- Iconic Reversal: In 1981, Porsche's Chairman, Peter W. Schutz, made a bold decision to save the 911 from discontinuation.
- Timeless Beauty: A Silver Rose Metallic 1984 Porsche 911 Carrera Cabriolet Turbo-look stands as a testament to this commitment.
- Early Glimpse: Schutz had the privilege of driving a pre-production model with a potent six-cylinder boxer engine, producing 170 kW (231 PS).
- 1984 Milestone: The 3.2-liter engine made its debut in this model year, marking a significant advancement.
- Turbo Influence: Weighing 1,210 kg, this 911 embraced the wide body and spoiler of the 911 Turbo, along with improved suspension and brakes.
- Structural Enhancement: The Cabriolet's body was reinforced to ensure flawless power transmission from the Turbo chassis.
- Customizable Style: Buyers had the option to omit the rear spoiler, allowing for a personalized touch.
- Luxurious Interior: Schutz's vehicle featured leather sports seats, Cassis leather accents on handles and compartments, and 16-inch wheels matching the exterior.
- Historical Impact: Schutz's decision not only saved the 911 but also marked the successful debut of the 911 Cabriolet in the US market.
- Ongoing Legacy: The 911 remains the heartbeat of the Porsche brand, shaping automotive history with its timeless design and engineering excellence.
In 1981, during Peter W. Schutz's early days as Chairman of the Executive Board of Porsche AG, a pivotal decision was made. Against the backdrop of discontinuing the iconic 911, Schutz boldly reversed course. Two years later, as a testament to this commitment, Porsche engineers crafted a remarkable masterpiece: the 1984 Porsche 911 Carrera Cabriolet Turbo-look, resplendent in Silver Rose Metallic.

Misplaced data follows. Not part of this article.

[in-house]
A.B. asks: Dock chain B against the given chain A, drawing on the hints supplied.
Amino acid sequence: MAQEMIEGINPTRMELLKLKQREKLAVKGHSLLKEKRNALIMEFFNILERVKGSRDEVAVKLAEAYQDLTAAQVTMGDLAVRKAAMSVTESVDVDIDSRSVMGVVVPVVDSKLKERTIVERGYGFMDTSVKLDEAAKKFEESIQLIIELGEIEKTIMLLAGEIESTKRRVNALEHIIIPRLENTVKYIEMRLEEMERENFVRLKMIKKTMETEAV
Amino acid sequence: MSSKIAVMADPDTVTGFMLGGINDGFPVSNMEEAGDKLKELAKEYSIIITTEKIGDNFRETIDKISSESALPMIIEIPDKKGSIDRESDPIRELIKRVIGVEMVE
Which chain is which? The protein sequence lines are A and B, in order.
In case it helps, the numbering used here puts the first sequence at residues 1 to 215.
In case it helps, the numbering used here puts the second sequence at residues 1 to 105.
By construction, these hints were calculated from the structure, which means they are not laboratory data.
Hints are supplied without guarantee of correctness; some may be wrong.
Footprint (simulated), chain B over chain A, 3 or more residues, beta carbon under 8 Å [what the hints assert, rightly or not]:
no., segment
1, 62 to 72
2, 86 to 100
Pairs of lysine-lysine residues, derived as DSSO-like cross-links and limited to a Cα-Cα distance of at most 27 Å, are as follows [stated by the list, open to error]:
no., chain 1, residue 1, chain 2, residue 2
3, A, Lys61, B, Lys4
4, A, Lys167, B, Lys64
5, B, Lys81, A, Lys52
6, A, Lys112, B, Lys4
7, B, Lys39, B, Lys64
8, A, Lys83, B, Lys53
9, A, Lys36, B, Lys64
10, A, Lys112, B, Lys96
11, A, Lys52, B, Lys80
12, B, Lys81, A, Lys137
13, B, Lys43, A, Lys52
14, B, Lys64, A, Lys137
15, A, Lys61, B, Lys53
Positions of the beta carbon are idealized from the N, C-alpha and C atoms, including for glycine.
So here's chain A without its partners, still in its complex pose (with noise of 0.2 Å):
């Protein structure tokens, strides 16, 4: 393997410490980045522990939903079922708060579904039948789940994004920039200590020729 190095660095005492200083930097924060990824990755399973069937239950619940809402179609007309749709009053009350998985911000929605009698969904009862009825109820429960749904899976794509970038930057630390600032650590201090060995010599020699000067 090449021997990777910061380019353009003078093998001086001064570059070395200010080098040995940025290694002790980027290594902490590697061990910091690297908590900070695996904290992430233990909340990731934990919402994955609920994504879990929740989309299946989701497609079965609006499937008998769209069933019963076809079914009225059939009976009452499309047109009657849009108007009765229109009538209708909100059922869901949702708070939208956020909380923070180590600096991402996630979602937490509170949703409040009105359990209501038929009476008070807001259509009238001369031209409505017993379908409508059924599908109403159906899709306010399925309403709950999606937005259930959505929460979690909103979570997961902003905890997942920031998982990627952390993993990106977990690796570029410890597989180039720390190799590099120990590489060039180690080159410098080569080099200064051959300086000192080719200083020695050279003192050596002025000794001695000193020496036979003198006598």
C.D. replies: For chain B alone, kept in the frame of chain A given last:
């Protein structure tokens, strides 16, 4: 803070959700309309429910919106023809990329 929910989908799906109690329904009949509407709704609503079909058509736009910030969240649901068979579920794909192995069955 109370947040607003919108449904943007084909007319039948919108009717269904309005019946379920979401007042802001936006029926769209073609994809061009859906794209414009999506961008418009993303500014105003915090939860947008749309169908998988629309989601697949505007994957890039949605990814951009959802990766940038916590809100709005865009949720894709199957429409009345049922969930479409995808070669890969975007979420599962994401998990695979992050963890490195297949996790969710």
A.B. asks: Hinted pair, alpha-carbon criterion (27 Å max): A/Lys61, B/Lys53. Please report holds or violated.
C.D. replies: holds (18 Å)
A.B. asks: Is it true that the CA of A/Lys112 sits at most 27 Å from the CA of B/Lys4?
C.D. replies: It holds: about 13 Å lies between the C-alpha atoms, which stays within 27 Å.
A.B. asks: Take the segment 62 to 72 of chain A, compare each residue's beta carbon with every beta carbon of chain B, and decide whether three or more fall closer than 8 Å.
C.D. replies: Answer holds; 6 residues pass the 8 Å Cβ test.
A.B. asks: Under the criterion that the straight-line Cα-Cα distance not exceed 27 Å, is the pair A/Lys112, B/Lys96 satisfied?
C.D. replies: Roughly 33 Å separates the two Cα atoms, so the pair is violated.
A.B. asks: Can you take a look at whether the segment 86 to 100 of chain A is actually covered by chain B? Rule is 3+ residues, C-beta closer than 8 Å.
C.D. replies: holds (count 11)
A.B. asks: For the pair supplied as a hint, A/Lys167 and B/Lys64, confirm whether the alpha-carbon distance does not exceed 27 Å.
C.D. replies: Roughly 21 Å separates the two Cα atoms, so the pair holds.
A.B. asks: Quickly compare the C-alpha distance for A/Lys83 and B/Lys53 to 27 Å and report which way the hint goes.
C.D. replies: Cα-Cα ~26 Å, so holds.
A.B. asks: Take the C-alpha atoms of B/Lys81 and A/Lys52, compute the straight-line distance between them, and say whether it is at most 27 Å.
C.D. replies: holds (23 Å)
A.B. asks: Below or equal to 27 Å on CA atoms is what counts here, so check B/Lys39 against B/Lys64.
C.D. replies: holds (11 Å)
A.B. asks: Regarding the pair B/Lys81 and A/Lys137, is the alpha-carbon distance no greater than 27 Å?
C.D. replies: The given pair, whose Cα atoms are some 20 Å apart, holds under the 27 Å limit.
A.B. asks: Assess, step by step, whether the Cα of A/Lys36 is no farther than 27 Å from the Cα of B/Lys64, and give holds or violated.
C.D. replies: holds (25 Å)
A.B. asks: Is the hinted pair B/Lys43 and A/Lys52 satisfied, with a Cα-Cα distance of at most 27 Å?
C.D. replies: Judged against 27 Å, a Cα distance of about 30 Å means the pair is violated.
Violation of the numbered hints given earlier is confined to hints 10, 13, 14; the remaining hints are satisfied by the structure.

Even before the official introduction of the 911 Carrera with Turbo aesthetics in 1983, Schutz had the privilege of experiencing a pre-production model. This remarkable vehicle boasted a potent six-cylinder boxer engine generating 170 kW (231 PS). It wasn't until the 1984 model year that the 3.2-liter engine made its debut.
Weighing in at 1,210 kg, this 911 embraced the wide body and spoiler from the 911 Turbo, alongside its suspension enhancements and four-piston fixed-caliper brakes. To ensure optimal power transfer from the Turbo chassis, the Cabriolet's body received additional reinforcement. Moreover, the rear spoiler was an optional feature.
Schutz's personal ride showcased an array of special equipment, reflecting its pre-production status. Inside, luxurious leather sports seats and Cassis leather accents adorned the door handles and storage compartments. The 16-inch wheels were impeccably matched to the exterior color, completing the exquisite ensemble.
Peter W. Schutz's pivotal decision not only preserved the legacy of the 911 sports car but also heralded the triumphant arrival of the 911 Cabriolet in the US market. This vehicle, the very heartbeat of the Porsche brand, continues to shape automotive history to this day.